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With all the adrenaline-inducing single-track and endless scenic hikes in the area, we can sometimes forget about how much we love our urban, multiuse trails. The paved pathways and designated bike routes, the boardwalk, and the lake loop- these are the routes we take daily. The ones that make is possible to take a bike ride as a family, enjoy an evening stroll, or walk downtown for an ice cream cone without having to worry about where to park the car.
And these pathways and connections are expanding. The City of McCall Parks and Recreation Department, guided by the Pathways Master Plan, is working to make both north-south and east-west connections throughout the city. “We finally feel like we have been able to make some big strides in completing some major connections,” says Kurt Wolf, City of McCall Parks and Recreation Director. “Our north-south pathways feel really solid. Now we are trying to infill the east-west connections to tie everything together.”
That all adds up to one impressive amenity and a great way to explore the McCall area on foot or by bike. “One less vehicle downtown or at the grocery store and being able to promote a healthy activity that is fun for the whole family is amazing,” says Wolf.
McCall’s network of pathways make sit easy to see the sights and turn a lazy stroll into an afternoon of adventure. Walk or bike these routes to visit some of McCall’s most iconic locations, take in the scenery, or check out the public art scene.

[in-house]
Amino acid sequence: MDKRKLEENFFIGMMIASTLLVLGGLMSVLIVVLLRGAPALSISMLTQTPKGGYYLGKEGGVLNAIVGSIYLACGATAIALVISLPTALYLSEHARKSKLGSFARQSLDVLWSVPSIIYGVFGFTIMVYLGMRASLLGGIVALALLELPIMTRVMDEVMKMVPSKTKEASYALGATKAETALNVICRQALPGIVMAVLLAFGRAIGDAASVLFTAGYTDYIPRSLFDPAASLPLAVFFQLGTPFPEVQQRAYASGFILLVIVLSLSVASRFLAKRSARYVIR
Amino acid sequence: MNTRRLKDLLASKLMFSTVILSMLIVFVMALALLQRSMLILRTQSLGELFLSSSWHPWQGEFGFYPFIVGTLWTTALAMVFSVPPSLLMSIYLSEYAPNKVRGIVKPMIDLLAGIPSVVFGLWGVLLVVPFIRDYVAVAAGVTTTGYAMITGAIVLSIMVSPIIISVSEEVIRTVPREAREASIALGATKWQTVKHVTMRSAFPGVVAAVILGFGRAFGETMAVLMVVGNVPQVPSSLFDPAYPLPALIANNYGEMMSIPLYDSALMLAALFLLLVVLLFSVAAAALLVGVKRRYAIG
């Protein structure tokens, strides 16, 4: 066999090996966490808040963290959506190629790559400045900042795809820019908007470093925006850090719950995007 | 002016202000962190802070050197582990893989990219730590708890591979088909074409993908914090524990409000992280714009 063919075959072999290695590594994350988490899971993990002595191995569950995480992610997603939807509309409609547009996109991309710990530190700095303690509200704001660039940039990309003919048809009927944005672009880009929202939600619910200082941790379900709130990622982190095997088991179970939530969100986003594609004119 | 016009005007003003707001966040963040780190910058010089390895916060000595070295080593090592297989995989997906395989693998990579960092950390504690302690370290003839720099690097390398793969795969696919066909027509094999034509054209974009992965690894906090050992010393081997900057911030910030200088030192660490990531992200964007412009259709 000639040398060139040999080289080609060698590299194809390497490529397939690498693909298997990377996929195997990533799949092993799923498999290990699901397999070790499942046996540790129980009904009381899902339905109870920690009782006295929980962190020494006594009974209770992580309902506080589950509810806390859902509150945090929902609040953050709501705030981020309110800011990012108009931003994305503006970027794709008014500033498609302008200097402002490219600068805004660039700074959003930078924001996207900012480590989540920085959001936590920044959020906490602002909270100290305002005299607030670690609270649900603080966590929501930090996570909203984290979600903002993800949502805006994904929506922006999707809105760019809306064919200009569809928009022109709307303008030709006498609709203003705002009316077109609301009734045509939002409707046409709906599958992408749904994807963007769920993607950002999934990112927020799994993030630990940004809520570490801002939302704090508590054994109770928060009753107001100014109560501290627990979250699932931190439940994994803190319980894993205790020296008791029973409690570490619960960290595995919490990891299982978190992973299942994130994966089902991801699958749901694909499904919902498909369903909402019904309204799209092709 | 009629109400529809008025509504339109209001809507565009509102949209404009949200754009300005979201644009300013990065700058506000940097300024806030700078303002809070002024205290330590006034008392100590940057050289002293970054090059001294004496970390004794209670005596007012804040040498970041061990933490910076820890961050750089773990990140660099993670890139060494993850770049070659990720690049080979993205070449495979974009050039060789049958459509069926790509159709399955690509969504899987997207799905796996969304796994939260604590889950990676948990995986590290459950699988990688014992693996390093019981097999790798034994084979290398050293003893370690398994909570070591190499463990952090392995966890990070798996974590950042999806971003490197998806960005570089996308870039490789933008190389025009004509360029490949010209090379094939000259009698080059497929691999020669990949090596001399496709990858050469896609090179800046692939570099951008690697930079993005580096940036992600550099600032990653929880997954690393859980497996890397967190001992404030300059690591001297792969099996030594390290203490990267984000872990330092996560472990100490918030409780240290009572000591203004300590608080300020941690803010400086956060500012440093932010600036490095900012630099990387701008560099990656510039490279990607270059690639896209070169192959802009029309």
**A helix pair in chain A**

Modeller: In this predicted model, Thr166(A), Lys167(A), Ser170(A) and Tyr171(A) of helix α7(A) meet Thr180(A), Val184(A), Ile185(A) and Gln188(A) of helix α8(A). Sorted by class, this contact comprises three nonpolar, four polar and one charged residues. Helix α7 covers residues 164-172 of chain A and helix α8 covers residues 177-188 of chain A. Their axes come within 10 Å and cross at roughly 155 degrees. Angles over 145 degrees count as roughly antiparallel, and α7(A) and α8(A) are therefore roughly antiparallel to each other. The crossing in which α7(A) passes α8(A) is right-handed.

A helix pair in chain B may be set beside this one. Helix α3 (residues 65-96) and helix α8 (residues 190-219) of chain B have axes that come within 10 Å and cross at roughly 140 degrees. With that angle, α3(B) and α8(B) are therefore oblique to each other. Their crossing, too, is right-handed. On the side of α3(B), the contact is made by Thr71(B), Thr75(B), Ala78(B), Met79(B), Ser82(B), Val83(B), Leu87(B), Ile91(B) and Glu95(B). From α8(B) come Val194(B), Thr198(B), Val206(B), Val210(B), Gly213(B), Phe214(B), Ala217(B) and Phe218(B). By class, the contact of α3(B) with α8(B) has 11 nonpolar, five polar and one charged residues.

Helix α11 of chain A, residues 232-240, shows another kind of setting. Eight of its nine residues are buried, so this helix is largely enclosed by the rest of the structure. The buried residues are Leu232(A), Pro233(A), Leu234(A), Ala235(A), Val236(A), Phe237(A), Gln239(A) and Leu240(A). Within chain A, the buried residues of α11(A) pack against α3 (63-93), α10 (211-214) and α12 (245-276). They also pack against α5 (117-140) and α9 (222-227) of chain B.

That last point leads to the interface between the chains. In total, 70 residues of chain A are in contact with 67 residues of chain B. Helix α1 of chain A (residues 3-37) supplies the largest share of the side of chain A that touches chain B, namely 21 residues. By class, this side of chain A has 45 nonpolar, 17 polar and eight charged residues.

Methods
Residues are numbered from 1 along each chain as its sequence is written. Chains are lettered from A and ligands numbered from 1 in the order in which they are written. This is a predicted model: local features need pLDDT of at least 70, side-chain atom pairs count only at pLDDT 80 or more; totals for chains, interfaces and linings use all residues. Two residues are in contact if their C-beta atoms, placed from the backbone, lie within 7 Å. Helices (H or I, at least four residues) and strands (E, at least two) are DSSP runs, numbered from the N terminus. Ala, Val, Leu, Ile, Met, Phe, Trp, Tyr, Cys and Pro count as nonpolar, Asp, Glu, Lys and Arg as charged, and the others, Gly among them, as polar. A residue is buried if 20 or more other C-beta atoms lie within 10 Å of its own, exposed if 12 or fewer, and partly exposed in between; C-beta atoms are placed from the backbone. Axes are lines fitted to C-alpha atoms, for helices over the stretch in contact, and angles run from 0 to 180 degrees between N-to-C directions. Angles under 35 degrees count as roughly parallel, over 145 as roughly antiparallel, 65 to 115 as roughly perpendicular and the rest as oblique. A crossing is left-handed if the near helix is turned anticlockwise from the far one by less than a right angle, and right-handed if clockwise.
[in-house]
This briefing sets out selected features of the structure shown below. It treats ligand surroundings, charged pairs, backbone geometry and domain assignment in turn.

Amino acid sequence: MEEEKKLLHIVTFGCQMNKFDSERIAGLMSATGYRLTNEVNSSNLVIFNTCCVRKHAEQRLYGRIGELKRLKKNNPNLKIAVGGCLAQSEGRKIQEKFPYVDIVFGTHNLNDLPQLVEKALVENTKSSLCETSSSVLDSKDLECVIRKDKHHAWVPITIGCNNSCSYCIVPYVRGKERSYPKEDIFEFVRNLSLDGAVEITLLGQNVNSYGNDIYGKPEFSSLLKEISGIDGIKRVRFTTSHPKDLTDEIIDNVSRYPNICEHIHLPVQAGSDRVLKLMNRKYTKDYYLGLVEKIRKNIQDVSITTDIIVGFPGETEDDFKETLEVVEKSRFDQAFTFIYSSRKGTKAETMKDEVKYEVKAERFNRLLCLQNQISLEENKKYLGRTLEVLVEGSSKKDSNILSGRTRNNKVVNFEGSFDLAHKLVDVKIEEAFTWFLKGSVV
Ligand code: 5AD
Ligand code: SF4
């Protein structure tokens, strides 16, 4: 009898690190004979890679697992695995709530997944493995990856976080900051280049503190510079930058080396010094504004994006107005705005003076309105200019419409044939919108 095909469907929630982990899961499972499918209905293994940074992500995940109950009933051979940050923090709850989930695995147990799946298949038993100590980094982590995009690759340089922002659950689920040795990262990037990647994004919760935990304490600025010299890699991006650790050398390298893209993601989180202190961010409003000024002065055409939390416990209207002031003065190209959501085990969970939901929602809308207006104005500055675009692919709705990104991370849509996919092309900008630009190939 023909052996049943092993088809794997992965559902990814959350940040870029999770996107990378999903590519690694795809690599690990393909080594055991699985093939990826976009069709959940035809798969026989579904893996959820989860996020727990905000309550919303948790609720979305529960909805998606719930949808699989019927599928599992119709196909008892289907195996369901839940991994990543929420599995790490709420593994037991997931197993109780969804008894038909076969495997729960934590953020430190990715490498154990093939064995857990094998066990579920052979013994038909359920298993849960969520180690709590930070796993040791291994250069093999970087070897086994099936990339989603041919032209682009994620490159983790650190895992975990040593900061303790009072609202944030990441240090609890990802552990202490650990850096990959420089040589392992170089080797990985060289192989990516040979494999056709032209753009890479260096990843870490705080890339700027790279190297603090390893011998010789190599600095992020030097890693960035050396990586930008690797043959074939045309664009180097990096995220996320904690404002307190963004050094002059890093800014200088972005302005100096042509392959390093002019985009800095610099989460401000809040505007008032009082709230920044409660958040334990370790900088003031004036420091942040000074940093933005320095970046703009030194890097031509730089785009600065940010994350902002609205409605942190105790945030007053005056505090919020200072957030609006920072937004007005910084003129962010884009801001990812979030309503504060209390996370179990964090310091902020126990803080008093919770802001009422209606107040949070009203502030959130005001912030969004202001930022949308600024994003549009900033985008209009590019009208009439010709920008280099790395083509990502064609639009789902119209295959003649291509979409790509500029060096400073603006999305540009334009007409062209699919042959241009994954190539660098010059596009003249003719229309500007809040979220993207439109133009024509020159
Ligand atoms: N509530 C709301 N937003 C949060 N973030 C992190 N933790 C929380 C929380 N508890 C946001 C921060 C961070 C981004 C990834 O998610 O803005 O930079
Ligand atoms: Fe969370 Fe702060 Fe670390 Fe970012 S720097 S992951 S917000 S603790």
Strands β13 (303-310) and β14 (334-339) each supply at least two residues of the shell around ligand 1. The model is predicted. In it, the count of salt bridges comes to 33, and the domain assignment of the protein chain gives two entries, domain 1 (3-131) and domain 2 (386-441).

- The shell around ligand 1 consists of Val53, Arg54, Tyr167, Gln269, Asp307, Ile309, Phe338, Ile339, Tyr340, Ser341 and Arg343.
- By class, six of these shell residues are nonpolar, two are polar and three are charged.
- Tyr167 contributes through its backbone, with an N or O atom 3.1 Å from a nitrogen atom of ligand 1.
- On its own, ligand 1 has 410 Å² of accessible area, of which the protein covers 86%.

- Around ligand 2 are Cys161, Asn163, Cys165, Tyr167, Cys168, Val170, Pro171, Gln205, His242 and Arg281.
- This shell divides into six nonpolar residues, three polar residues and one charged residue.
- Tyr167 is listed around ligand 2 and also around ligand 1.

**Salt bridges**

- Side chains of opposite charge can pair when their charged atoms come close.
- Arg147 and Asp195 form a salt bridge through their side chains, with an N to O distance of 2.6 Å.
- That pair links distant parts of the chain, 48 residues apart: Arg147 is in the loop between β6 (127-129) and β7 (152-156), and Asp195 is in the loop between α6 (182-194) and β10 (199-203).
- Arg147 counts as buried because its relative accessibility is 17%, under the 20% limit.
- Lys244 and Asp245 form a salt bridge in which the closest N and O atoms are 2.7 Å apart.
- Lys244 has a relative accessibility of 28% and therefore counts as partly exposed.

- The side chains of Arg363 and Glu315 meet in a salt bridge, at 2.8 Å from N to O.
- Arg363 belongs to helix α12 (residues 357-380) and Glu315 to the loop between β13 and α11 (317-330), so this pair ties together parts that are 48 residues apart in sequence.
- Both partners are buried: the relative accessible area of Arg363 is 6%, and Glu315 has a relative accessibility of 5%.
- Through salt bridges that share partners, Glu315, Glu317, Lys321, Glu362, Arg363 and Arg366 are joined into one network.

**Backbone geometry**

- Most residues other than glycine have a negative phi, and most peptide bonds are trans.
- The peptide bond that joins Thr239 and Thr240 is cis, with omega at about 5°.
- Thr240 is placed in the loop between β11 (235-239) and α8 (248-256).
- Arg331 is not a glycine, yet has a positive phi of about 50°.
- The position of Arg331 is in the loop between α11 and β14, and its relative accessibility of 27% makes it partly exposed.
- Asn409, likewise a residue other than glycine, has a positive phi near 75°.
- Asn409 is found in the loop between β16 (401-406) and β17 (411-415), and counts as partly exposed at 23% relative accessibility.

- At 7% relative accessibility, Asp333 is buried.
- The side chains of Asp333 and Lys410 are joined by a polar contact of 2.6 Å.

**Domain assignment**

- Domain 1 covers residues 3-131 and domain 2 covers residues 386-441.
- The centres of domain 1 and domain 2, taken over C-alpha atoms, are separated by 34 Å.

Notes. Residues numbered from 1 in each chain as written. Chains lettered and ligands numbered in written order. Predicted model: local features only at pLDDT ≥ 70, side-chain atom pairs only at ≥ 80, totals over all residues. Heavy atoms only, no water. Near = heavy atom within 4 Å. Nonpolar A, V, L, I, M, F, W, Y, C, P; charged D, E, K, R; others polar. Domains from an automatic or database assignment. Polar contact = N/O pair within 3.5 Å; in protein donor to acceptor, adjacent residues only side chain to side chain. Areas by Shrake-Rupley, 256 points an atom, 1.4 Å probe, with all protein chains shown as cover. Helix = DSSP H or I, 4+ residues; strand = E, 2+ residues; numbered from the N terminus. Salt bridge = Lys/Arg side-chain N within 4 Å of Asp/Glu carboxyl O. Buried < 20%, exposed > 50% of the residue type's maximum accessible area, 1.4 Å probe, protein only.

From the scenic shoreline of Payette Lake to exploring the rich history of this small mountain town, you will be amazed at all McCall has to offer.
1. The “Bearing Wall” at Art Roberts Park (327 E Lake Street)
Start your journey in the company of five curious and casual bears. “The Bearing Wall” was the first piece of public art installed in McCall, and arguably the favorite. This signature sculpture is located at Art Roberts Park overlooking Payette Lake.
2. Legacy Park Fountain (1100 E Lake Street)
Legacy Park is the centerpiece of the McCall community. This spectacular green space is threaded with paths you can stroll or bike. In the summer, the park is buzzing with activity. Swim, play, or lounge at the beach area and grassy fields – and don’t miss the signature fountain! A great stop for a picnic or a cone from Ice Cream Alley.
3. Centennial Park Mosaic Wall (Corner of Railroad and N 3rd Street)
Centennial Park and Centennial Plaza are landmarks established to commemorate the city’s 100th birthday in 2011. The Mosaic Wall at Centennial Park is a combination of colorful tiles and smooth river stones that wind along the sidewalk in a beautiful display of public art.
4. Veteran’s Park (Corner of Lenora and N 3rd Street)
Across the street, at Community Park, you’ll find the Veteran’s Memorial. Follow the pathway to the memorial where McCall’s service members and military veterans are honored.
5. Central Idaho Historical Museum (1001 State Street)